John Corvino, a philosophy professor from Wayne State University who has become one of the most eloquent voices for LGBT equality in the country, was invited, then uninvited, then reinvited to speak at Providence College, a Catholic university. He acknowledges completely that, as a private college, they can decide who can and can’t speak at the school. But he points out how shoddy the whole thing was:
First, on academic freedom, a concept that is easily distorted: I believe that a Catholic college—indeed, any college—has the right to choose speakers who comport with its mission. Obviously, academic freedom does not mean that I may speak wherever I want: I have to be invited.
I was invited to Providence College. On February 16 of this year Professor Christopher Arroyo, with the support of multiple departments, invited me to give a lecture on same-sex marriage, and we set a date for September 26. Last Saturday Provost Hugh Lena abruptly cancelled the lecture. So the concern here is not my academic freedom, but that of the nine Providence College department or program heads who were suddenly overruled by the provost, on the basis of a policy that he has since admitted is written nowhere. Moreover, Provost Lena decided that one of his own faculty members, Professor Dana Dillon, was unsuitable as a respondent for me. As Professor Fred Drogula, President of the Faculty Senate, pointedly asks, “Is the Administration henceforth to rule on whether and when each of us is prepared to speak in our areas of expertise?”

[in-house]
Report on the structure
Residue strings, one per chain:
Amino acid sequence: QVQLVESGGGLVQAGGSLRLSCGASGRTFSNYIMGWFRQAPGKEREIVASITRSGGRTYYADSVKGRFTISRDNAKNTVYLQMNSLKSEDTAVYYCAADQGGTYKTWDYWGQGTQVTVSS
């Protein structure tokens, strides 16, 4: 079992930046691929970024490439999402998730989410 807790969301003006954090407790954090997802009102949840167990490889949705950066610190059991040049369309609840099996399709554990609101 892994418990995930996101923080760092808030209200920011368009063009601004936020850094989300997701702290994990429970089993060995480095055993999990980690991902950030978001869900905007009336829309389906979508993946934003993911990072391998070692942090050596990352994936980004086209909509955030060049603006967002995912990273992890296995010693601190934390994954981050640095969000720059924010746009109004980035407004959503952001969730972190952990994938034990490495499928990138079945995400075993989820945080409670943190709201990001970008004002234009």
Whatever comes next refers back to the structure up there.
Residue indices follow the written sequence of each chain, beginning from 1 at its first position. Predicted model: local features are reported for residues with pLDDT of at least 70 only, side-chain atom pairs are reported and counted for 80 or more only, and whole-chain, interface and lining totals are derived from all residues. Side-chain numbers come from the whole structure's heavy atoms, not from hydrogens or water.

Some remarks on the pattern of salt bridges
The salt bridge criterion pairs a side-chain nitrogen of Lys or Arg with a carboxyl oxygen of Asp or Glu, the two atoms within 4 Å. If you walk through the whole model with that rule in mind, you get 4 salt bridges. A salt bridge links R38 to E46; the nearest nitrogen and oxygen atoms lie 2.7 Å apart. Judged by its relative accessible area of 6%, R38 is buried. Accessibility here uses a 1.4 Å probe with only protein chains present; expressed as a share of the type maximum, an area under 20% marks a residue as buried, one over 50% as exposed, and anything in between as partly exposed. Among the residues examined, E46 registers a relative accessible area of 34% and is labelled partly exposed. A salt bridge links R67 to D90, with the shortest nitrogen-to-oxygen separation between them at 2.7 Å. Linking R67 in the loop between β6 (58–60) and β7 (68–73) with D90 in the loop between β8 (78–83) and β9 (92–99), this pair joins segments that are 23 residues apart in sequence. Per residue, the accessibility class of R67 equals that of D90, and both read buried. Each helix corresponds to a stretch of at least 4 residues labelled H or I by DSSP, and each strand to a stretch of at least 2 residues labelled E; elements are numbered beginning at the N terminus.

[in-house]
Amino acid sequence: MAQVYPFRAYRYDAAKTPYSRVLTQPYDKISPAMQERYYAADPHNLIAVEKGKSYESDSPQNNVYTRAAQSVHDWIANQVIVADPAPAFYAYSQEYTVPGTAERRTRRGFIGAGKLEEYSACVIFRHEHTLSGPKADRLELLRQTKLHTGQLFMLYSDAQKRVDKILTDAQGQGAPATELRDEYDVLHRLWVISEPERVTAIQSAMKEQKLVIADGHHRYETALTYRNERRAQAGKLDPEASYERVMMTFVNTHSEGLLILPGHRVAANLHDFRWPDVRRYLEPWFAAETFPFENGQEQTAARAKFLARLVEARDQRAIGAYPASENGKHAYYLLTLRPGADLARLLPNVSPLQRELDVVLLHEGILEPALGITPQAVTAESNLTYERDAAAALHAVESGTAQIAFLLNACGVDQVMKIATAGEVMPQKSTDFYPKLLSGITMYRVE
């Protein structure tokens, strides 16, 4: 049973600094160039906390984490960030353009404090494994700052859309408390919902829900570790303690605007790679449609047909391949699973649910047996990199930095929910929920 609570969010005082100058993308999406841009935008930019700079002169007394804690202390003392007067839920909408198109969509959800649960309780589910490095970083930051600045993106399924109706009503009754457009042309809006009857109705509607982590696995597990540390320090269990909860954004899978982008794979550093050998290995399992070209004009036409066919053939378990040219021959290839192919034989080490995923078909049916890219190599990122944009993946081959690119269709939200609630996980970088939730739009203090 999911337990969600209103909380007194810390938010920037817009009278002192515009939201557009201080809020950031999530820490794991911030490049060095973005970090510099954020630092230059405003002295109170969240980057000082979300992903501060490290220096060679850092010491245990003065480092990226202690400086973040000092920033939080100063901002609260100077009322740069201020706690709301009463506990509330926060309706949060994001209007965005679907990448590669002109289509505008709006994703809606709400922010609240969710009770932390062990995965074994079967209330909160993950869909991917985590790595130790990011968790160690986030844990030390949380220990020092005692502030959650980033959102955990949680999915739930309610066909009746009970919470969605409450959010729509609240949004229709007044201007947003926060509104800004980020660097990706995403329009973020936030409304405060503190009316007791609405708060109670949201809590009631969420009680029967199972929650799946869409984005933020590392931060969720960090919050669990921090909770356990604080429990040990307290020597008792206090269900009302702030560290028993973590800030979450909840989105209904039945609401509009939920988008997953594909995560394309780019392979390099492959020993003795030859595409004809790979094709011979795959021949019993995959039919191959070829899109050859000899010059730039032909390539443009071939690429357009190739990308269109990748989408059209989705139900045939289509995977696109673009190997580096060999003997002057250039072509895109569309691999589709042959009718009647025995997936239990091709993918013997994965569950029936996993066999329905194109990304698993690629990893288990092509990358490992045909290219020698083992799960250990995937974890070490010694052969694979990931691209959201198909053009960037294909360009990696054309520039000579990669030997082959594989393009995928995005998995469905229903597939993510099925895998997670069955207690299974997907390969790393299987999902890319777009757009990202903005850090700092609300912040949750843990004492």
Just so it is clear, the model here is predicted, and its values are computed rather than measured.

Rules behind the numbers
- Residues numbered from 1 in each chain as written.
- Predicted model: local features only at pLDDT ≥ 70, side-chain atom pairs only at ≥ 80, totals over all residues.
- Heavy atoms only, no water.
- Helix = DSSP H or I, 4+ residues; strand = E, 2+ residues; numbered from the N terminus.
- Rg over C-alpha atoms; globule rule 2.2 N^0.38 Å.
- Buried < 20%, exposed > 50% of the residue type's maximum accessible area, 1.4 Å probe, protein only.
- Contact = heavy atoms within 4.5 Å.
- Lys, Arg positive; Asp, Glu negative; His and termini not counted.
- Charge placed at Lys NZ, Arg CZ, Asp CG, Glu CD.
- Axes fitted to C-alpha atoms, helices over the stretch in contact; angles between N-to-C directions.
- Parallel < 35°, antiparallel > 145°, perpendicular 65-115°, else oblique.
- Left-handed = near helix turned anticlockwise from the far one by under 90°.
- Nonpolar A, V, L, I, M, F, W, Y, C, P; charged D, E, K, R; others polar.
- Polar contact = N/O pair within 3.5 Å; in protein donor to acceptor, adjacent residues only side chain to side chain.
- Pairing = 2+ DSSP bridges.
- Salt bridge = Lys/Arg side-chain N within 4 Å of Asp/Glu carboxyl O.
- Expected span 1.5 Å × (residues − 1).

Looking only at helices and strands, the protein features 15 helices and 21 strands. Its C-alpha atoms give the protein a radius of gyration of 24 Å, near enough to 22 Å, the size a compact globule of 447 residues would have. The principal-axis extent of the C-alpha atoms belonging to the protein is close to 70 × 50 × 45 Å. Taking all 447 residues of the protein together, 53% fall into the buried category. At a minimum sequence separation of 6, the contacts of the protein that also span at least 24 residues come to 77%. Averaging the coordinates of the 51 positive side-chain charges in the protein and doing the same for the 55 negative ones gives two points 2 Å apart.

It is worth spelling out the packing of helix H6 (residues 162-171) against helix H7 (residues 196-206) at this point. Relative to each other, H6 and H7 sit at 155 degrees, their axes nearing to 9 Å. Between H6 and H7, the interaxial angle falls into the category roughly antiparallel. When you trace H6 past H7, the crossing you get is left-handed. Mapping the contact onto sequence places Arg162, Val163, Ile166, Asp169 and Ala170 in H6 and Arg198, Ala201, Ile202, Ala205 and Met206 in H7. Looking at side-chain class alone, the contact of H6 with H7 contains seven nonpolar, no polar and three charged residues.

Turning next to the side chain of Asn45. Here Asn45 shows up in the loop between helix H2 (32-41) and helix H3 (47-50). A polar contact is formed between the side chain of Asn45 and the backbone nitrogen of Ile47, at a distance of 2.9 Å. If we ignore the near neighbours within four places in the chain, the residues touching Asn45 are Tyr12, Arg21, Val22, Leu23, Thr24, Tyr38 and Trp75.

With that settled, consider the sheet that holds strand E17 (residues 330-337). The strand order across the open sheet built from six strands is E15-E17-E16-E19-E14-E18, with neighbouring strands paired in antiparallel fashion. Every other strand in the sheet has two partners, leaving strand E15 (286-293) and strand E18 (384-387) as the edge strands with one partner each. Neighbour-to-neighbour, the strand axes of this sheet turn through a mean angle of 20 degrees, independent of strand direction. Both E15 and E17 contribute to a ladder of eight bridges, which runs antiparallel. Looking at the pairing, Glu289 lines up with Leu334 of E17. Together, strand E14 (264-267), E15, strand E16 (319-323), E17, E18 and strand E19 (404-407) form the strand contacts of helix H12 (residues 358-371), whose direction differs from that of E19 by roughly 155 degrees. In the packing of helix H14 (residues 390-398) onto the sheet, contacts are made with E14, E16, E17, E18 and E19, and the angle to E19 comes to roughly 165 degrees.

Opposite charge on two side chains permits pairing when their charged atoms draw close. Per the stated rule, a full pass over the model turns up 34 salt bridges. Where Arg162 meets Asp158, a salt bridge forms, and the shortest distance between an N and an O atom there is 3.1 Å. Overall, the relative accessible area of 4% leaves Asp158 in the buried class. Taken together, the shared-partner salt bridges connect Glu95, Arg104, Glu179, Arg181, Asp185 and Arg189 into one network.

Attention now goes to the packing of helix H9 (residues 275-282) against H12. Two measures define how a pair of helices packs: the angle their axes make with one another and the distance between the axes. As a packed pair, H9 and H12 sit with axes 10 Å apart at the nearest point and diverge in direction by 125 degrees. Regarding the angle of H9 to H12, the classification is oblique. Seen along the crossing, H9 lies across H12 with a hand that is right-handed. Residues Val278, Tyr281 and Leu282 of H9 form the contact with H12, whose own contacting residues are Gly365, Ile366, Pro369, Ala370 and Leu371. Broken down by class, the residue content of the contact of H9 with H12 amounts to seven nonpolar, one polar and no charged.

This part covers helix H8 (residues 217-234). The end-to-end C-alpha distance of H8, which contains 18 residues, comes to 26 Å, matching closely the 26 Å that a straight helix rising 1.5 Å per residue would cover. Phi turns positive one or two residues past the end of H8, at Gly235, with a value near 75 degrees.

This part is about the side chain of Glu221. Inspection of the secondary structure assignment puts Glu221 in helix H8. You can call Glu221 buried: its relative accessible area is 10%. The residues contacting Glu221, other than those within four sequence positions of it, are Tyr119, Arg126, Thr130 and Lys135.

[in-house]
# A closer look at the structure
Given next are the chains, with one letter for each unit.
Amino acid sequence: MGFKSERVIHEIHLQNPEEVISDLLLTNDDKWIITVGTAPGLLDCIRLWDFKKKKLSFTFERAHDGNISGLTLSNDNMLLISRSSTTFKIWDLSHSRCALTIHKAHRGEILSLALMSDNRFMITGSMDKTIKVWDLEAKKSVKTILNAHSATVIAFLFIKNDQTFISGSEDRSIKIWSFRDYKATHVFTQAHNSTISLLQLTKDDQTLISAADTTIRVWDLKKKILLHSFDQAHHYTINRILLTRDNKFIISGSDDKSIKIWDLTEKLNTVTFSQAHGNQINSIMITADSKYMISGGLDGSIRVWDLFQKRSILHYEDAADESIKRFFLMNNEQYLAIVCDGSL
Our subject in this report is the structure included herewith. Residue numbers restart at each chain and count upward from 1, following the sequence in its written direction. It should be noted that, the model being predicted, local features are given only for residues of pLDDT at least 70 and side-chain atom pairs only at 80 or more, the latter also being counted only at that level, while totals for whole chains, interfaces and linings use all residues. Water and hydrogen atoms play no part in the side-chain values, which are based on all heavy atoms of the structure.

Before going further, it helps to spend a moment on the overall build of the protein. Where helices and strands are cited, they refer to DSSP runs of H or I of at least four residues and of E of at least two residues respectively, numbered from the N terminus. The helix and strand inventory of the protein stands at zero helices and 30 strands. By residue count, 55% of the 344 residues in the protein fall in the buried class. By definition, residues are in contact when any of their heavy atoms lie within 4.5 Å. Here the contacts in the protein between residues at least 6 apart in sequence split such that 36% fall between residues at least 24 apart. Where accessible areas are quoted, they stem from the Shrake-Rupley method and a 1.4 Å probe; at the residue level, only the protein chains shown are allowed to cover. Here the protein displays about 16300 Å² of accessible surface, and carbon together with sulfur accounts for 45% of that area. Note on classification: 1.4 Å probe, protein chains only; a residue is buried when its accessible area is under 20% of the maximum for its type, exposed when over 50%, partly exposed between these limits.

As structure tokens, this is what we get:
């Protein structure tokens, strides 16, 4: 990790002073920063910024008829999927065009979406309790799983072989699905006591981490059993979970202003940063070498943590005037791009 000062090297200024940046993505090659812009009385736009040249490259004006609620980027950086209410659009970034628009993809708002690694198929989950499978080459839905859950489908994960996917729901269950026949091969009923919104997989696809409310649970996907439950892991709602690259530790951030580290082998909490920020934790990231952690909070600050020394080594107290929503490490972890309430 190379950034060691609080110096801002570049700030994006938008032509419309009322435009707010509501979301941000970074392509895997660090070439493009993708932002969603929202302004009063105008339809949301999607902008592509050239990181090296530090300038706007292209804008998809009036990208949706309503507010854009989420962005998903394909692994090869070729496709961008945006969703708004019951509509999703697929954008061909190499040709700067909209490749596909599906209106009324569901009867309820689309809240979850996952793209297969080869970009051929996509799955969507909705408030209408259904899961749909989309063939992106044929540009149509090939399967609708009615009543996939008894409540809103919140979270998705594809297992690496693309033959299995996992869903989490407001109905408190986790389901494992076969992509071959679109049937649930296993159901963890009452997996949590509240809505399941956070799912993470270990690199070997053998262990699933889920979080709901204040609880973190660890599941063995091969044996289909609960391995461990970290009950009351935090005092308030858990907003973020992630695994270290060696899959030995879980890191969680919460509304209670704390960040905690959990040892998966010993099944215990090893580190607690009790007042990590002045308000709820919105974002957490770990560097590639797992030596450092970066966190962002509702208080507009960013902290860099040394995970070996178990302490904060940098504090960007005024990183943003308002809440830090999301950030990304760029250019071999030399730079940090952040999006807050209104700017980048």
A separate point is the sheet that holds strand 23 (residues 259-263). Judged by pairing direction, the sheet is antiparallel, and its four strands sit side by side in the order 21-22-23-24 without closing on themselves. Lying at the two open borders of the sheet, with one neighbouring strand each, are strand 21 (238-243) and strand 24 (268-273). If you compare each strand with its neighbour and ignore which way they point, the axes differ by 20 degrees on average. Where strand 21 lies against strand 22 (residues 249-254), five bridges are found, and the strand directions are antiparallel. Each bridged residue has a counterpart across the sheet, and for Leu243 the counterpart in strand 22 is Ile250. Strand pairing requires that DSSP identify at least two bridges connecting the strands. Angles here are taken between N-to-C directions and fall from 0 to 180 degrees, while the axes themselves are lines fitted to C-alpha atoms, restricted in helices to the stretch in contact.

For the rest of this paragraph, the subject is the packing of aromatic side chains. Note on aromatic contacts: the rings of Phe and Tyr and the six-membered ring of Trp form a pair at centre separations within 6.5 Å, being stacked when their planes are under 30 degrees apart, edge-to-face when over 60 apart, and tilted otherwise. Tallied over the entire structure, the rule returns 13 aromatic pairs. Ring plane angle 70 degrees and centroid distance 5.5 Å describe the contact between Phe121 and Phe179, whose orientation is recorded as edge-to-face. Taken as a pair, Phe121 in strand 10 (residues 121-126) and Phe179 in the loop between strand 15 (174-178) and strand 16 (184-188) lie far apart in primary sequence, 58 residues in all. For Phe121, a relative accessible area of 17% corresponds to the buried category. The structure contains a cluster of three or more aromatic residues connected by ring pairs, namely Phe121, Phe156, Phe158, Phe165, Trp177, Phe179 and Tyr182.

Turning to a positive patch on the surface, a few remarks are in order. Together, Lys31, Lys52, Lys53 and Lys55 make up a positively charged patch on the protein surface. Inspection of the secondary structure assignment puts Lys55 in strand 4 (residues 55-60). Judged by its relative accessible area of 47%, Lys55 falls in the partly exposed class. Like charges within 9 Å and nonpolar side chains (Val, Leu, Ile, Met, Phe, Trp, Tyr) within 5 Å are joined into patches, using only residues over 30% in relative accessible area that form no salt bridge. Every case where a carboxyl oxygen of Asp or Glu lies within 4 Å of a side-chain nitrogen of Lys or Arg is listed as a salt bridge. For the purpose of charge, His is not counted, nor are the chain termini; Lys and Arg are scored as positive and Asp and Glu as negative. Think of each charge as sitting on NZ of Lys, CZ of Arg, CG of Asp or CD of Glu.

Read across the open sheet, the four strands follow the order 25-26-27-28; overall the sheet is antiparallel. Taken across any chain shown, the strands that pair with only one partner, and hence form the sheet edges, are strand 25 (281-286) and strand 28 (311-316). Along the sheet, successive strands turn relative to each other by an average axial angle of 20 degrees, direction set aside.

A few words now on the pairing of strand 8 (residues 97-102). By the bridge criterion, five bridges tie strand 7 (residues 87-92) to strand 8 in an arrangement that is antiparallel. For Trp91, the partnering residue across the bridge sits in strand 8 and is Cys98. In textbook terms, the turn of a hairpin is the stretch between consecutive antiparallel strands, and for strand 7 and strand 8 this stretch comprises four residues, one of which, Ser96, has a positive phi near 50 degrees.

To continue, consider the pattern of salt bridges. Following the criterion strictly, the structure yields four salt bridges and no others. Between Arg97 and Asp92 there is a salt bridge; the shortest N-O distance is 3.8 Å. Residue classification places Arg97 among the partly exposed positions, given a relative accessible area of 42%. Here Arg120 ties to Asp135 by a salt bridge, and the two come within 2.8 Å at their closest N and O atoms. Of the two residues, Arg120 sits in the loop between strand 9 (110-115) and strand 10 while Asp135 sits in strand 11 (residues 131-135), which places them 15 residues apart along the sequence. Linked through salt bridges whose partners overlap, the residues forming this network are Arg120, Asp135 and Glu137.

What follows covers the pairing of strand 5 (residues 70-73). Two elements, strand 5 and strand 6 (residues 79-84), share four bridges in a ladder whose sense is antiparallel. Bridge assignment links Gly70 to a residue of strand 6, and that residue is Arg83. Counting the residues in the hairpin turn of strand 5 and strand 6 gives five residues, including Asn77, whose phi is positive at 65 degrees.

In his “rescheduling” statement yesterday, Provost Lena (quite rightly) apologizes to Professor Arroyo and Professor Dillon. As for me, he simply says that the decision to cancel “had nothing to do with Dr. Corvino.” But of course, I am the person whose visit he abruptly canceled, in an e-mail sent on Saturday to faculty. In two decades of public speaking, at over 200 college campuses, I have never felt quite so bounced around.
Yesterday a friend asked me how I was doing, and I responded that the media attention was exhausting. “Yes,” he pressed, “But how are you doing? You were uninvited to speak. That seems hurtful, even if not intentionally personal.”
The truth is that it’s difficult not to feel as if the Providence College administration regards me as a sort of virus, which might infect students if not blocked by some administration-approved surgical mask. This feeling is sadly familiar, to me and to any gay person. It is the malaise of the closet, the notion that some features of oneself are unspeakable. I am the Other. And if I feel that way, I can only imagine how young gay, lesbian, bisexual, or transgender Providence College students must feel. It is for them that I remain most concerned.
A very good point.